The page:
Why you should choose Hashicorp Vault to store your secrets

Hilton De Meillon
Aug 30, 2017 · 3 min read

I have an ageing certificate authority that is stored mostly offline on a minimal Debian VM. This provides decent security when the VM is not running however there are several risks that have to be considered on the odd occasion when it is running:

  1. Integrity of my local machine is roughly proportional to the security afforded by the VM, i.e a compromise of my local machine is the weakest link in the chain of security that protects the VM and the CA within it.
  2. The VM itself is encrypted and the certificate files are stored within a Truecrypt container however a key-logger can defeat both of these measures.

With these in mind and the approaching expiration of my root certificate I decided to review the options for a certificate authority. Here are the constraints:

  1. I travel often so lugging around an HSM (Hardware Security Module) is not an option. The way the US appears to have treated travelers recently also is a mark against this.
  2. Cost — this CA is used for a few projects and it’s cost needs to be proportionate to the projects budget
  3. Simplicity & Ease of use— this is such an important aspect of security. More complexity usually has a negative bearing on the security offered and if your solution is complex the end result is effectively a Denial-of-service while you update / fix / recover the complex solution.

I brainstormed for about a day and came up with a few options:

  1. Offline root CA + Intermediate CA on Hashicorp Vault in the Data Centre
  2. Offline root CA + Intermediate CA on a VM

Why I chose Vault

Initially I thought that the Intermediate CA on a VM was going to offer better security for my risk profile and then it dawned on me that Vault is designed in such a way that the private key is never able to leave the secure storage (just like a hardware key).

So while it is possible that a loss of a credential or unseal key will allow an attacker to generate certificates and change policies the greater benefit is that past conversations that could have been captured cannot be decrypted since the private key can’t leave the vault. Combine that with short-lived certificates and it makes Vault a better option than a local VM.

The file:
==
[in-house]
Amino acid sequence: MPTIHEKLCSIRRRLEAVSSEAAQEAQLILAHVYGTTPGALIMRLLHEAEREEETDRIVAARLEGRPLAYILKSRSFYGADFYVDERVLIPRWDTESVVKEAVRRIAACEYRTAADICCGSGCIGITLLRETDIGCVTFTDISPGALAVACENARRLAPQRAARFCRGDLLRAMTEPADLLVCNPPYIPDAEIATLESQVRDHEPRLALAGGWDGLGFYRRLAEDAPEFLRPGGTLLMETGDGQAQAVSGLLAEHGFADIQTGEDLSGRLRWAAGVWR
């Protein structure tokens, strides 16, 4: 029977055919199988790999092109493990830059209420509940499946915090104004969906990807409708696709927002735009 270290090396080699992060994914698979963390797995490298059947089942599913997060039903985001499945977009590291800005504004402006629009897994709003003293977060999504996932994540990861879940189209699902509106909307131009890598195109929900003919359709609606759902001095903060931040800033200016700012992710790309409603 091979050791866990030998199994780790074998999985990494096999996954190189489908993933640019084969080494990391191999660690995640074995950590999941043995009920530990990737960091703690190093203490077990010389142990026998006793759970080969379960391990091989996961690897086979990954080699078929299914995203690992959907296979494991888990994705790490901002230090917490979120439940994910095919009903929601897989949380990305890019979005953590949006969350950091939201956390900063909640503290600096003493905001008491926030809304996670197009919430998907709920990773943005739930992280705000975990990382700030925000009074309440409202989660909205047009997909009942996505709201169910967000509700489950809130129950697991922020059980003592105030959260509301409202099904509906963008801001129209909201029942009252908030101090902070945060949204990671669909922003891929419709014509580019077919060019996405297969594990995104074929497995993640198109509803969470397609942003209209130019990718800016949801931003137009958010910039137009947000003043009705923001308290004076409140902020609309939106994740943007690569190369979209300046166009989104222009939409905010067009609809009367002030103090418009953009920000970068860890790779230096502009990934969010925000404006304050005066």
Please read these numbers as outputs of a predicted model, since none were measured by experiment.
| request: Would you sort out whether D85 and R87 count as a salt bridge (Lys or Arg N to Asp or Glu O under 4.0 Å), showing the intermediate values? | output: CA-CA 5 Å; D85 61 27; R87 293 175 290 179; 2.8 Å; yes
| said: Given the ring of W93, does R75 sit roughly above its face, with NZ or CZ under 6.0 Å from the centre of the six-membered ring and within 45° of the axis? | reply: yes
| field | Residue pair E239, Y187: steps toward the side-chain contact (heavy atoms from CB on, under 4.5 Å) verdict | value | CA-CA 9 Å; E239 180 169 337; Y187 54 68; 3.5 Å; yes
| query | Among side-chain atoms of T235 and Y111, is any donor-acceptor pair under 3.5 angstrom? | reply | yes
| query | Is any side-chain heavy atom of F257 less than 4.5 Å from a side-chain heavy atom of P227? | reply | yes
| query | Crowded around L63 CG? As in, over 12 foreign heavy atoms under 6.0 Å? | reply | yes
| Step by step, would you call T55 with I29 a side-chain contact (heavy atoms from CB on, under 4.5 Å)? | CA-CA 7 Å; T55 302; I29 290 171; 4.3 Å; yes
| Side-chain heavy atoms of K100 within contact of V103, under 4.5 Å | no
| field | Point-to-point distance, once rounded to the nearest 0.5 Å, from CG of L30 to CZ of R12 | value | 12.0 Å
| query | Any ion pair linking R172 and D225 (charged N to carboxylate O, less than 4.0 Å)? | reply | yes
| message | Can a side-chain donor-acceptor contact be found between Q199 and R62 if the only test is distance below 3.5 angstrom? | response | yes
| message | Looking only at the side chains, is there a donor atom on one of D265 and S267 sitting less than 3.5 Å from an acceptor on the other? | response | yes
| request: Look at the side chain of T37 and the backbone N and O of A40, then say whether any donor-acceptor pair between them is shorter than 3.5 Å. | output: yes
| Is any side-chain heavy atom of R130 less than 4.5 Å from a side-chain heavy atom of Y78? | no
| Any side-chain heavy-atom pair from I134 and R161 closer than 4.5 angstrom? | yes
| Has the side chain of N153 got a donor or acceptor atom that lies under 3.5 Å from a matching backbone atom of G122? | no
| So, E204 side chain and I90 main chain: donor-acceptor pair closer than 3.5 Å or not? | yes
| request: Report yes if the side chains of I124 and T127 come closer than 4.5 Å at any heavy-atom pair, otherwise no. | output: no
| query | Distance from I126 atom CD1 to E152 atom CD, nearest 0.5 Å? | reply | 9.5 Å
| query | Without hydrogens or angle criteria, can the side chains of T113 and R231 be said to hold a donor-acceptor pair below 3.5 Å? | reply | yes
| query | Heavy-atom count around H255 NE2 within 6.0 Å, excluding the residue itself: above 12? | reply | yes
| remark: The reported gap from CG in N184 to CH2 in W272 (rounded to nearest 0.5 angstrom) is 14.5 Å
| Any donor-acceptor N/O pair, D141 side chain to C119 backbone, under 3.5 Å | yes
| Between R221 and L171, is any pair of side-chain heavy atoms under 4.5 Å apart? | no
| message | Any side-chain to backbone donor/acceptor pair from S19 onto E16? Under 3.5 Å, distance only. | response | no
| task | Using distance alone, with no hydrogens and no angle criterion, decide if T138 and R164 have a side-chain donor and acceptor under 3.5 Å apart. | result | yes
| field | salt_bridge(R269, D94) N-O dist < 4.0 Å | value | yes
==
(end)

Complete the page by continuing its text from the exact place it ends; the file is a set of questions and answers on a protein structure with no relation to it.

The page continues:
If that was all Vault offered it wouldn’t have been a clincher — here are several more reasons to choose Vault :

  1. As far as I am aware Vault is the first general-purpose secret management tool. Keeping secrets is what Vault was specifically designed to do and it does it very well!
  2. High Availability, HSM integration, open source and commercial editions mean that Vault is here to stay — this is critically important for Certificate Authorities and secret storage.
  3. Vault designed to be used with many people / apps / devices storing and retrieving secrets — not many other open source apps do this very well.
  4. Not only can Vault keep secrets but it can provide encryption-as-a-service — SQL table data encrypted before it even gets to the DB!
  5. Vault breaks the master encryption key into pieces using Shamir’s secret-sharing scheme — this means the system can enforce the requirement for two people or keys to be present to unlock the Vault. This additional measure can add another layer of security that is crucial for high trust or cryptocurrency transactions.

Keep an eye out for my next post where I will cover the the implementation from a technical & security perspective.

Written by

Cybersecurity Consultant

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